Updated: Aug 2, 2020
The March news, slightly delayed, comes from the elk farm where spring is fully in progress. A dry winter did not add much water to the farm, but last year's abundant water has the ponds high and waterfowl are abundant. A significant thunderstorm yesterday settled the dust, and already the grass has greened up.
Some of the delay in this month's news resulted from a medical stop at Virginia Mason hospital in Seattle, which included one successful day in the hospital, where the skill and industry of the staff was exceptional. Mason draws its staff from all over the world, and a stay there would be an eye opener for some of America's hard core anti-immigration folks. The hospital became a temporary branch of ALO for a day, with a few business emails exchanged and calls received. Readers will be spared medical details, with one important exception. ALO rarely offers medical advice as part of its service, but for unsuspecting male readers, this word of caution. If some medical person asks for permission to install a catheter, the correct answer from the patient should always be no.
On the legal front, ALO had some good results. A case involving a boating accident death near the village of Aleknagik was resolved for the policy limits of defendant's insurance. The deceased was crossing the lake in his boat and was struck in the back of the head by a large jet boat, and died quickly, leaving a wife and young family. The jet boat was driven by the owner of a commercial fishing lodge which operated on a nearby lake.
ALO was involved in another major case that resolved recently. This case involved a dog mushing accident near Aspen ski area in Colorado. A lady was seriously injured as a tourist on a dog sled ride at a commercial dog operation. The sled she was riding with her husband tipped over on an icy portion of downhill trail and she impacted a tree with her face. ALO was hired as an expert in the area of dog sledding, and was asked to comment on many facets of the case. ALO prepared a written report that was critical of the defendant's preparations for icy trails. Among the concerns was the lack of a drag brake which has become standard equipment on most modern sleds. Without such a device, controlling speed downhill is a serious challenge especially on ice. ALO was selected because of long term involvement in legal cases and dog mushing activity, including a lot of mushing activity on icy trails. The case settled a few weeks before trial.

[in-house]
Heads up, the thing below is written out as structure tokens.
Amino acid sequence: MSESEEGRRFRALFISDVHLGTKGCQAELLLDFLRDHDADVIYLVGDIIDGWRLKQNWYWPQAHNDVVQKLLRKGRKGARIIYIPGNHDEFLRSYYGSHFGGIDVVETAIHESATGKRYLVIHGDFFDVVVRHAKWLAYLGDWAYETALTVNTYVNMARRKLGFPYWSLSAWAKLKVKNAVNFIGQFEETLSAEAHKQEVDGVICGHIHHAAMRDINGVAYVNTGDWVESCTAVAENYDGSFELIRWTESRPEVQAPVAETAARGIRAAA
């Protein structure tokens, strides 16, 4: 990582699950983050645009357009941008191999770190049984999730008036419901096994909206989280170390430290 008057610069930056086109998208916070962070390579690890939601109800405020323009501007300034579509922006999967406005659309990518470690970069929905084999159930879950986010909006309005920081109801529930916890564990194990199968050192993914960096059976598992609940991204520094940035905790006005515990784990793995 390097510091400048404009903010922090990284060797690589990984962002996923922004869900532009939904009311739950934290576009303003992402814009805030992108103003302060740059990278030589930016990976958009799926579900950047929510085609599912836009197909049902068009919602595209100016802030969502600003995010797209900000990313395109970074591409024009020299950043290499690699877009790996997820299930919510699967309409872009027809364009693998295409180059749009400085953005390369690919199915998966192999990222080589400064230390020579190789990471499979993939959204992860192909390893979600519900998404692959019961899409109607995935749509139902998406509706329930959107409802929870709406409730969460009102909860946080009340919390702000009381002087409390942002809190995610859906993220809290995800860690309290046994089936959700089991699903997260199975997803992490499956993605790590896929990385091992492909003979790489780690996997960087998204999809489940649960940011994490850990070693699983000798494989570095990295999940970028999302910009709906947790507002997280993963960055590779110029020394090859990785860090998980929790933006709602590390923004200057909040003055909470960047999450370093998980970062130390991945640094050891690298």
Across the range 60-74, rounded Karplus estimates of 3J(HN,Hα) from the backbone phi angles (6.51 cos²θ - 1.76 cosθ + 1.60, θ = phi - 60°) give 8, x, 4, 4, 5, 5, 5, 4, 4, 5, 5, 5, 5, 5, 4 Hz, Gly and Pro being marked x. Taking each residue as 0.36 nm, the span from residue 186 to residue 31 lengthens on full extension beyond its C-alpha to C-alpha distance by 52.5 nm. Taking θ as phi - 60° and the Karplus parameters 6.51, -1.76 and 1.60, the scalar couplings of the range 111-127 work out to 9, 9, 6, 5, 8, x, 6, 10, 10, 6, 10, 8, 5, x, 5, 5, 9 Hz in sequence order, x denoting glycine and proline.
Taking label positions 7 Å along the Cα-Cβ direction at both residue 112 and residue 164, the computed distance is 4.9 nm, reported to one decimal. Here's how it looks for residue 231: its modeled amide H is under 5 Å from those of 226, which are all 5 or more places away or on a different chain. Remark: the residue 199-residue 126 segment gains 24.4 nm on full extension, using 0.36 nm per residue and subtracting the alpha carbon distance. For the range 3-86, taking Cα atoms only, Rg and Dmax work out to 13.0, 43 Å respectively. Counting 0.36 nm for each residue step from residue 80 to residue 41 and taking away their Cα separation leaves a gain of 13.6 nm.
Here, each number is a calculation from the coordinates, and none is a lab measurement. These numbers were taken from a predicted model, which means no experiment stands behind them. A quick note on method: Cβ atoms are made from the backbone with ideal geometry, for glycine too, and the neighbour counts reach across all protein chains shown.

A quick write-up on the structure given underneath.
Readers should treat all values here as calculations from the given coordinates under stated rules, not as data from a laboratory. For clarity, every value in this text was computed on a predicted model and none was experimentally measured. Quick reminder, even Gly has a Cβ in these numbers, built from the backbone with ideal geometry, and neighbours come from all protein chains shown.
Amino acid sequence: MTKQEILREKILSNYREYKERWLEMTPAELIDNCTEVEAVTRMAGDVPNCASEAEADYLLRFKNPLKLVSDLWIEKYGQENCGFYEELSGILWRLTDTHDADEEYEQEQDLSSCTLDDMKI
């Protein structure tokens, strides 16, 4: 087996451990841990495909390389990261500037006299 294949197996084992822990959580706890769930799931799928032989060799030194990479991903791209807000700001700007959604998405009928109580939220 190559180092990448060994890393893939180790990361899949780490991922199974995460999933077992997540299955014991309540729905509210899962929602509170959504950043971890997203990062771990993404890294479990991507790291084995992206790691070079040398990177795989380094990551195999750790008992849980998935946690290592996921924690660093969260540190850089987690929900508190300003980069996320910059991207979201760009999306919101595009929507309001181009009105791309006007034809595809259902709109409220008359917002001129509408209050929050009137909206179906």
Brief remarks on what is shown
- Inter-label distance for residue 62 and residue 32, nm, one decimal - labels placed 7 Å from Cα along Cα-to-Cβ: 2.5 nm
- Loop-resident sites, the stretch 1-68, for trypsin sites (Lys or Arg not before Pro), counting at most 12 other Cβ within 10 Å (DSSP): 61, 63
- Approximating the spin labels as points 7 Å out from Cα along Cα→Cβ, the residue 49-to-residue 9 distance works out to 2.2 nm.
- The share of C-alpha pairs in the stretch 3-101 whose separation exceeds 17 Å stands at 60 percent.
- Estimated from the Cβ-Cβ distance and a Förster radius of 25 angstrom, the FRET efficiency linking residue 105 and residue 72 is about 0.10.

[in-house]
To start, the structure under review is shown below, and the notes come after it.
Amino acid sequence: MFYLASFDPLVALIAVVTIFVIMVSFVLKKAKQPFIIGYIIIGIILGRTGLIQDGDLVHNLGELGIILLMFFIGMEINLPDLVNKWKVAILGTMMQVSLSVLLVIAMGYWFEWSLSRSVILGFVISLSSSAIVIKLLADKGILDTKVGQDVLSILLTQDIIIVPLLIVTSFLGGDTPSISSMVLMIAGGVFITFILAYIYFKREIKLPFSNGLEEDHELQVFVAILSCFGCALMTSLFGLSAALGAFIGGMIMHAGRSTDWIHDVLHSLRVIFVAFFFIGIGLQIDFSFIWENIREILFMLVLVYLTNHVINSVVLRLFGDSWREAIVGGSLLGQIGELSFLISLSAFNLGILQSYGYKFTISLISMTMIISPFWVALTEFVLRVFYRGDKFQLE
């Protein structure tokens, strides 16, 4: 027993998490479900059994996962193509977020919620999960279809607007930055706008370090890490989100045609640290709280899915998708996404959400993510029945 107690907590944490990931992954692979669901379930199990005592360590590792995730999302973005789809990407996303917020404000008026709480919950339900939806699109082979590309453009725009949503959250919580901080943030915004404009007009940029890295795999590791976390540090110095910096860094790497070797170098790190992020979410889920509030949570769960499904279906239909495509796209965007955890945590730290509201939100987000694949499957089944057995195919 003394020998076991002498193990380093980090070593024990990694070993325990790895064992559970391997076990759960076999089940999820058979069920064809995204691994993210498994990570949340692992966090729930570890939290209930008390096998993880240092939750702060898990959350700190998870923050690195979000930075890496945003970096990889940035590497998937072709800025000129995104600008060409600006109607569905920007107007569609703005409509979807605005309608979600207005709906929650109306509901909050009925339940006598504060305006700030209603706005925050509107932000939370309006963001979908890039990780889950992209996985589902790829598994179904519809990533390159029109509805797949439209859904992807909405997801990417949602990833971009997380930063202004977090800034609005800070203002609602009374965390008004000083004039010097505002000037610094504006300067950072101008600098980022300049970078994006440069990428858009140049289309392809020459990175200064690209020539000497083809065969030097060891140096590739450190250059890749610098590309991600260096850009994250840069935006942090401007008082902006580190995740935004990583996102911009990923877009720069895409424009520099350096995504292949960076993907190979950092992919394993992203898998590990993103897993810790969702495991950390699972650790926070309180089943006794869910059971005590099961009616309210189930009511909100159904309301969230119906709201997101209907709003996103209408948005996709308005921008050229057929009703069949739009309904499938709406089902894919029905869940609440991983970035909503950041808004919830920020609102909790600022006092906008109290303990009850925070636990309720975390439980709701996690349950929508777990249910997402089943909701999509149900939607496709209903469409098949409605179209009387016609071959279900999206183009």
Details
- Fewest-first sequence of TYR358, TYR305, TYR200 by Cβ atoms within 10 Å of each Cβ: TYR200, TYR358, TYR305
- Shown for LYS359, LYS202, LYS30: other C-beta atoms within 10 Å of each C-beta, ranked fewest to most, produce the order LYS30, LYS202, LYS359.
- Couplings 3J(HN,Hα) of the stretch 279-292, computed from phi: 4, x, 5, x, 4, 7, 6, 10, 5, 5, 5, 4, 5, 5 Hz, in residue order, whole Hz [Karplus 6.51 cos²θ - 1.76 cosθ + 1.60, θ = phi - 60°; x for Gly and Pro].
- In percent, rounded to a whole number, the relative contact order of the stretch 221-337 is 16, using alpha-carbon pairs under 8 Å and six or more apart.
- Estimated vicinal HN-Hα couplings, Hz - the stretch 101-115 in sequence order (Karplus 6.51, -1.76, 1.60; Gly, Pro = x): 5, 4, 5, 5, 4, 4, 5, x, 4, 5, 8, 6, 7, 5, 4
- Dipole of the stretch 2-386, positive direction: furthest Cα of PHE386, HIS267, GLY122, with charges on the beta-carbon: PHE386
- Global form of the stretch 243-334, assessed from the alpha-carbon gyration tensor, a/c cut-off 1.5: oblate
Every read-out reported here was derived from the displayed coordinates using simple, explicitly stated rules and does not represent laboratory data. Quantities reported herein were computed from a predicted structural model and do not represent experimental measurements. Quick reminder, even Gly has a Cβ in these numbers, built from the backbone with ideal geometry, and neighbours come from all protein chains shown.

ALO lost a long time friend and helper in March when James Nicholas passed away at age 83. James helped with the dog program and many other outside chores, but it was his inside visits that endeared him to a long line of ALO helpers. ALO prepared some thoughts to be read at James' services in his hometown of Grayling, with a few passages that were added later.
Lest anyone suggest that ALO is leaving out facts in its recollections of James, it is best to acknowledge that James had a significant criminal record. His personality changed dramatically when drinking, and he tended to stay away from the Dog Farm when that happened. Not surprisingly, those times diminished as James grew older, and the sober James was a treasure to have around. The folks at Grayling gave him a grand send off, combining some traditional Native customs with religious rites learned from the missionaries. One of the traditional customs is to outfit the deceased in a new fur hat, gloves and mitts. Also the artwork in and out of the handmade casket is superb. Several meals are shared in the days leading up to the burial, including the traditional potlatch. At each meal a small portion of each dish is set aside for the deceased and at the burial that food is burned by the grave so that it can travel with the deceased. James was buried on the bank of the Yukon River, a main artery of life for a person from Grayling. According to Marvin Deacon, who handled many of the details for James service, he will have a good view of the river. Here are a bunch of photos from Marvin.
James loved to hunt moose. This month's mandatory moose seems like easy pickings.
Jeremiah Frye has several shots of this one looking in his window, eyeing up breakfast. James also liked to see northern lights when he camped under the stars. Here is a shot of the Bethel Tundra by Greg Lincoln, showing some of the vivid northern lights of March.
He also took this shot near town..
Of course March is mushing madness in Alaska. ALO was interviewed on a national radio show discussing the Iditarod. One of ALO's more interesting cases is mentioned in this Outside article about dog mushing conflicts in Alaska, which was published recently.
Finally this gem from Nome. Every year the Nome social scene erupts when the Iditarod finish comes to town, and one of the events is the women's arm wrestling. This video shows Bethel's Ashley Fairbanks on the right taking on Iditarod racer Aily Zirkle, soon after Zirkle finished the race. Of note is the fact that in her previous contest, minutes before this video was taken, Zirkle broke the arm of her opponent.